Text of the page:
The Topping Tooters of the Town: Music of the London Waits 1580–1650
The City Musick, William Lyons director
Avie Records AV2364
By Mike Telin
CD REVIEW — From Medieval times though the early 19th century, cities and towns around Merrie Old England employed bands of professional musicians to perform during civic and ceremonial events.
Why these are the city waits, who play every winter’s night through the streets to rouse each lazy drone to family duty. These are the topping tooters of the town, and have gowns, silver chains, and salaries, for playing “Lilliburlero” to my Lord Mayor’s horse through the city. — Ned Ward, The London Spy, 1709
Thus begin the liner notes for The Topping Tooters of the Town: Music of the London Waits 1580-1650, the latest CD from William Lyons and his top-notch, London-based Renaissance band, The City Musick, which takes its title from Ward’s flight of alliteration.
By 1600, the population of the city of London had overflowed its Medieval walls and a younger, more urbanized audience clamored for musical and theatrical entertainment. The Waits, performing mainly on wind instruments — shawms, dulcians, cornetts, and sackbuts — filled the city’s expanding musical needs. Widely hailed as England’s best musicians, in addition to their civic duties the London Waits may have given the first public concerts in England beginning in 1571. This brilliant album pays homage to their important role in London’s musical life around the turn of the 17th century.
Since its founding, The City Musick has appeared at Shakespeare’s Globe Theatre and at the BBC Proms, as well as at traditional feasts and ceremonies in the City of London, at Ham House, and at the York Early Music Festival. On this recording, eight of the eleven musicians play outdoor instruments — shawms, dulcians, hoboys, bagpipes, cornetts, sackbuts and lysard — as well as members of the more domestic recorder family. Three appear only as singers.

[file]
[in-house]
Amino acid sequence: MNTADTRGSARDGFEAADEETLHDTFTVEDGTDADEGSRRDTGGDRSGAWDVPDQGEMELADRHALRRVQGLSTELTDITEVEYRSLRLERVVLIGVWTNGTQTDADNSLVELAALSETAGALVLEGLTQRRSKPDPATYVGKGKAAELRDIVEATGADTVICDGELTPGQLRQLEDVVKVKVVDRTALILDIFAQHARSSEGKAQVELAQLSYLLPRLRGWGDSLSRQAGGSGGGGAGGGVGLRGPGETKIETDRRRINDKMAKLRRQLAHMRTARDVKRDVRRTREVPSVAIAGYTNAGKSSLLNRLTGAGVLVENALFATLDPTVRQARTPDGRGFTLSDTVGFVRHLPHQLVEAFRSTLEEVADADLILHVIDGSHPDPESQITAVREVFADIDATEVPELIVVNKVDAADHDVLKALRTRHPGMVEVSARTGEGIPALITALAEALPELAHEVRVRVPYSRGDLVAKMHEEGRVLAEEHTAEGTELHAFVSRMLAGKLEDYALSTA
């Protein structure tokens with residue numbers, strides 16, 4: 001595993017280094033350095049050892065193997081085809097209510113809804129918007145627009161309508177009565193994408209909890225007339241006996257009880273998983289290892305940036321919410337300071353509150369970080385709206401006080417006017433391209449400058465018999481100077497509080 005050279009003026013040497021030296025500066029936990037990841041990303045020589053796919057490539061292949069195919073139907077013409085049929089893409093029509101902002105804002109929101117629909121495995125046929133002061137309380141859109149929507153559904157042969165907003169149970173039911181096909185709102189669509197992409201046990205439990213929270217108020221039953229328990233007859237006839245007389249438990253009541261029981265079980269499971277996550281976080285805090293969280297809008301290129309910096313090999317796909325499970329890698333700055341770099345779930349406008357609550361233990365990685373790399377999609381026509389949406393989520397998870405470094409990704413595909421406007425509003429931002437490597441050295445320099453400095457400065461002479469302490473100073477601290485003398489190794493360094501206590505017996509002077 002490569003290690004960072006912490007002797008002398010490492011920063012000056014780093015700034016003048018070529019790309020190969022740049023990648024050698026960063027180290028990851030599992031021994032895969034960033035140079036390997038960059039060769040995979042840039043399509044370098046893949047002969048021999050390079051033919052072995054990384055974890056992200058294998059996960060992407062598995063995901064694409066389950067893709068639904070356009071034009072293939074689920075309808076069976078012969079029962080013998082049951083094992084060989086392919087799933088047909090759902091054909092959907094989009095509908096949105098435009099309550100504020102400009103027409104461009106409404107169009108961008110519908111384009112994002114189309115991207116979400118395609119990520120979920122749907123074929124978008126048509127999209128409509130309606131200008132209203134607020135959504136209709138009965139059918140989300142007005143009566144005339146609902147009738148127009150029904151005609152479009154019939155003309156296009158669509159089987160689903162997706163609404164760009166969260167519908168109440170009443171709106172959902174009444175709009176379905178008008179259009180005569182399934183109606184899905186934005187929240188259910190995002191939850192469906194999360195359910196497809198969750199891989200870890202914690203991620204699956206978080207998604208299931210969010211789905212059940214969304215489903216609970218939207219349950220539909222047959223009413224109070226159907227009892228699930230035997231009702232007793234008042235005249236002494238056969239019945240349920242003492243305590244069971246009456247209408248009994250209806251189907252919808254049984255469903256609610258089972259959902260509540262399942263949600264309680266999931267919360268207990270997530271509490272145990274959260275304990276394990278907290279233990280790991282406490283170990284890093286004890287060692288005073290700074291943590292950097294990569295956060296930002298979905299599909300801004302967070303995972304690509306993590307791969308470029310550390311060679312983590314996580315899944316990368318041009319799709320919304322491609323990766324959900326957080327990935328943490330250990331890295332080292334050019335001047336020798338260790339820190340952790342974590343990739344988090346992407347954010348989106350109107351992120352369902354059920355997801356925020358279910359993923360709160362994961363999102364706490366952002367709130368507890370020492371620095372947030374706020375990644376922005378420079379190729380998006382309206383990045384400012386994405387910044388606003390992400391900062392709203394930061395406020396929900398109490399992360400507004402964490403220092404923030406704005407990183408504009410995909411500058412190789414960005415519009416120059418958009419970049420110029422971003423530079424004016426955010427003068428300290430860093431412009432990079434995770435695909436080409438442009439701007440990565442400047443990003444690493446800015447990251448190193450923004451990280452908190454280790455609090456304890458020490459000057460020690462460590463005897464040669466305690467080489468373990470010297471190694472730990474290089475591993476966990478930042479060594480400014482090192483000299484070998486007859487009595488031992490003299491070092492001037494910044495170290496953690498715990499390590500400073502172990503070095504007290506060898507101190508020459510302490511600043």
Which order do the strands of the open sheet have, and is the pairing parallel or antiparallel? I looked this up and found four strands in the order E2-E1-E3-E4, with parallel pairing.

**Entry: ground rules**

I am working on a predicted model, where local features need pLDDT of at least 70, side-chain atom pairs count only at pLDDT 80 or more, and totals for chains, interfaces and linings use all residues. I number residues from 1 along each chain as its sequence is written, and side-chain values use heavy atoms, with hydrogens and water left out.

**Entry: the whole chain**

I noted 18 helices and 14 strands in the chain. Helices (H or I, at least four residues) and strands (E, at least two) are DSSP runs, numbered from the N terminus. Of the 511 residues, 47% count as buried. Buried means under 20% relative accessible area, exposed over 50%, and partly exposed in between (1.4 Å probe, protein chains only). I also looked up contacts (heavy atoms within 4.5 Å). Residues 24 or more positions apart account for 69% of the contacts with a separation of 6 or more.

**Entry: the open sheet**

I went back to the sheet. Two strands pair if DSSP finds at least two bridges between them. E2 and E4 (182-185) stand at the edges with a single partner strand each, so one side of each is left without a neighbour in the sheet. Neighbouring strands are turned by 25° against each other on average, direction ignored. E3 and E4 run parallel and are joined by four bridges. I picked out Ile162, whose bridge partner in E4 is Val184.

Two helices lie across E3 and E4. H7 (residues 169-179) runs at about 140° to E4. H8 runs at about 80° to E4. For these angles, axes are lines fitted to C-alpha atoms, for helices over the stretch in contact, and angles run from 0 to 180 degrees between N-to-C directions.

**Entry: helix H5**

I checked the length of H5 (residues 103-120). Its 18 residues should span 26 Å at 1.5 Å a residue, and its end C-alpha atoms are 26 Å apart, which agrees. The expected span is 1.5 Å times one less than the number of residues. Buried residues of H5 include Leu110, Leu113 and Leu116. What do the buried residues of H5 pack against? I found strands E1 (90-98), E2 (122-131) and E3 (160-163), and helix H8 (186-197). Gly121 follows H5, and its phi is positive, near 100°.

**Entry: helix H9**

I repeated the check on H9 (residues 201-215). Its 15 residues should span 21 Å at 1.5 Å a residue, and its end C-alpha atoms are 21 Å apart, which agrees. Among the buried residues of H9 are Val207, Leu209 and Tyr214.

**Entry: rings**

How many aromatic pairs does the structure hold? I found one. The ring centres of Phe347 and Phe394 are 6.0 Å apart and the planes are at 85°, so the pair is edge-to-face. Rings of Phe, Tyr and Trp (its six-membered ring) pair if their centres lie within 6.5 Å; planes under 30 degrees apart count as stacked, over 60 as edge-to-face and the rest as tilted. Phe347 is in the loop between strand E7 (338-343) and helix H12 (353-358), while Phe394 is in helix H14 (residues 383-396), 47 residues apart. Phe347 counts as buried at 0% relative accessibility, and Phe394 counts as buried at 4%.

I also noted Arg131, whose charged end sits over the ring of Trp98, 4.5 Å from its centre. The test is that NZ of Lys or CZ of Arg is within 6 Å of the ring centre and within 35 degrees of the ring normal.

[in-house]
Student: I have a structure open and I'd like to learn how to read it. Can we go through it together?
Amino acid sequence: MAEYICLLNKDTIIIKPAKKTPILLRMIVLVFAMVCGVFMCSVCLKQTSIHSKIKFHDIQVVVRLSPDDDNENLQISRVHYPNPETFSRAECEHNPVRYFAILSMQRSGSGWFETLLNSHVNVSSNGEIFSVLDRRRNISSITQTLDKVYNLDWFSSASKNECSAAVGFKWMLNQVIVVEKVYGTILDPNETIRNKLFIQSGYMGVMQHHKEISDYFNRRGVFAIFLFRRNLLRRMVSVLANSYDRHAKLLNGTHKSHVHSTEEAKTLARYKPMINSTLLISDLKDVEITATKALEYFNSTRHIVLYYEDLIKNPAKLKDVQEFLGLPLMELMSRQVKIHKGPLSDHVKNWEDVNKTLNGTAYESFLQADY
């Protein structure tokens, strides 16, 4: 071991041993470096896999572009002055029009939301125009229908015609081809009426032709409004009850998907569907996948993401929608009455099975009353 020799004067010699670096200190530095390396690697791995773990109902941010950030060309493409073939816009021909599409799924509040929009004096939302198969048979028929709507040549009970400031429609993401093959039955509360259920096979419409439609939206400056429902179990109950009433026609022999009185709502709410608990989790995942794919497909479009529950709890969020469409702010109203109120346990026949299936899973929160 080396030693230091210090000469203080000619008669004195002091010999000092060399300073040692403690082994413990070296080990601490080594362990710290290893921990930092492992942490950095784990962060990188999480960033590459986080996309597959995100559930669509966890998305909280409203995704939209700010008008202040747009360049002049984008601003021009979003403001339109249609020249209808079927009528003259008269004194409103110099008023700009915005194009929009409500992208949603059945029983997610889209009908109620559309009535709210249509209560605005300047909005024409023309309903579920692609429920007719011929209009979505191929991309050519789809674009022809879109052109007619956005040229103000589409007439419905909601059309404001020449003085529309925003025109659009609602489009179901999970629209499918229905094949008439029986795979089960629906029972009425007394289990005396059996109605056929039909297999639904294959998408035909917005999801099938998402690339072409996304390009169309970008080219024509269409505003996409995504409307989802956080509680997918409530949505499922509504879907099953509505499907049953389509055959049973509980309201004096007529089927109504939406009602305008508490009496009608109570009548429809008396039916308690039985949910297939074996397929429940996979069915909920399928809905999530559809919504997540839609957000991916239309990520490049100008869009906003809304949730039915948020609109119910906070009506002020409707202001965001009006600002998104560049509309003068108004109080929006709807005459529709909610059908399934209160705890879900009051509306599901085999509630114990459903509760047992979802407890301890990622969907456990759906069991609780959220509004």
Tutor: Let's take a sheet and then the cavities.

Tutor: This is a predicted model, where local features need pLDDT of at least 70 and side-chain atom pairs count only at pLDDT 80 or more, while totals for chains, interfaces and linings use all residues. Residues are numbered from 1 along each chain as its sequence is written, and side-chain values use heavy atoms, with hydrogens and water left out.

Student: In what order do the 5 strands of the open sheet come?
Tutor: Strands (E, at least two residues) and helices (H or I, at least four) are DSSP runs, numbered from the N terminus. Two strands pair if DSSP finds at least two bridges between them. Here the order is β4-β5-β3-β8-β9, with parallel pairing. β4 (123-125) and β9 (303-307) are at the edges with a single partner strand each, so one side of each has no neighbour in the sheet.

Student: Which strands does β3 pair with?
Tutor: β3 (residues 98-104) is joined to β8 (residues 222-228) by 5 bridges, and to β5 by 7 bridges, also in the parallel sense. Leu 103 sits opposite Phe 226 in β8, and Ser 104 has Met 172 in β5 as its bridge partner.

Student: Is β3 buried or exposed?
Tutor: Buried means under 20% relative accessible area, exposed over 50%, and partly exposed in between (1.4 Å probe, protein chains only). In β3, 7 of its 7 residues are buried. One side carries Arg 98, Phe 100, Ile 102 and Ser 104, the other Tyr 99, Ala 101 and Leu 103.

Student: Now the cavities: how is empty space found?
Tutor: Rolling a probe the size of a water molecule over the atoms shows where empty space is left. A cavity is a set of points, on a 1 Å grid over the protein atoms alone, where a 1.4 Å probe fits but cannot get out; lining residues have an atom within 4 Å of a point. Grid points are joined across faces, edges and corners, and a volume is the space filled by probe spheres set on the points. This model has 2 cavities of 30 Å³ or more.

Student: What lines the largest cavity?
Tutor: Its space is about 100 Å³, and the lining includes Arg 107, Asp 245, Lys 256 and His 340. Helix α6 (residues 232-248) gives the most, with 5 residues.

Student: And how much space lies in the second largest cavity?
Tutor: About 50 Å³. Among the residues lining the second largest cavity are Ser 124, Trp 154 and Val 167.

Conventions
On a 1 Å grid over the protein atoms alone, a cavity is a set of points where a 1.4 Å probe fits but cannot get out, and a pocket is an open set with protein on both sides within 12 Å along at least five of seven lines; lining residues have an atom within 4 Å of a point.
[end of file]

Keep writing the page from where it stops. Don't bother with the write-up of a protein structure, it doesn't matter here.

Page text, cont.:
The disc opens with a spirited “tooting” of Anthony Holborne’s The Night Watch by the outdoor instruments. Other works by Holborne include The Cecilia Almain, stylishly performed on sackbuts, cornetts, and bass dulcian. Of Holborne’s three works performed on recorders, Paradizo is highlighted by lovely phrasing and ornamentation of its expansive melodic lines. Recorders are also highlighted in Peter Philips’ dolorous Pavane and Galliard, as well as in excerpts from Thomas Morley’s First Booke of Consort Lessons (dedicated to the London Waits), and pieces from his three-voice Canzonets.
Waits also supplied music for dances, plays, and masques at the Inns of Court — Grays Inn, The Temple, and Lincoln’s Inn — which provided finishing schools for young men before universities came to town. Three Courtly Masquing Ayres from 1621 by John Adson, a Wait himself, represent music played at these entertainments. Here, The City Musick “brass” — cornetts and sackbuts — vibrantly capture Adson’s infectious syncopated rhythms.
Religious music also figured importantly in the Waits’ repertory. A sequence of four psalms from Ravenscroft’s The Whole book of Psalmes (1621) represent The City Musick’s view of how devotional music might have been performed. Instrumental interludes are interspersed with voices in settings by John Dowland, Richard Allison, Simon Stubbs, and Ravenscroft — the vocal lines sounding as folksy as American Shape-Note singing. Ravenscroft’s setting of Psalm 117 ends with a thrilling verse for voices and instruments and a splendid “Amen.”
A set of seven pieces by the ubiquitous Renaissance composer Anonymous, arranged by Lyons, alternates loud and soft instruments in lively tunes, stately dances, and nimble shawm duets.
The only piece by a foreign composer, Valentin Haussmann’s All ye who love, with its crisp articulations by shawms, dulcians, and sackbuts, beautifully sets up the final group, Lyons’s arrangements of dances by John Playford. Bagpipes add a new timbre to the proceedings in such as the aforementioned Lilliburlero, which leads directly into Maiden Lane, a lilting dance performed on shawms and sackbuts. Bagpipes return during Halfe Hannikin, and then the rest of The City Musick ensemble joins in for a rousing account of Sellengers Rownde, bringing the CD to a vivacious conclusion.
Mike Telin serves as Executive Editor at ClevelandClassical.com and team-teaches classes in Music Criticism at Oberlin College and Conservatory.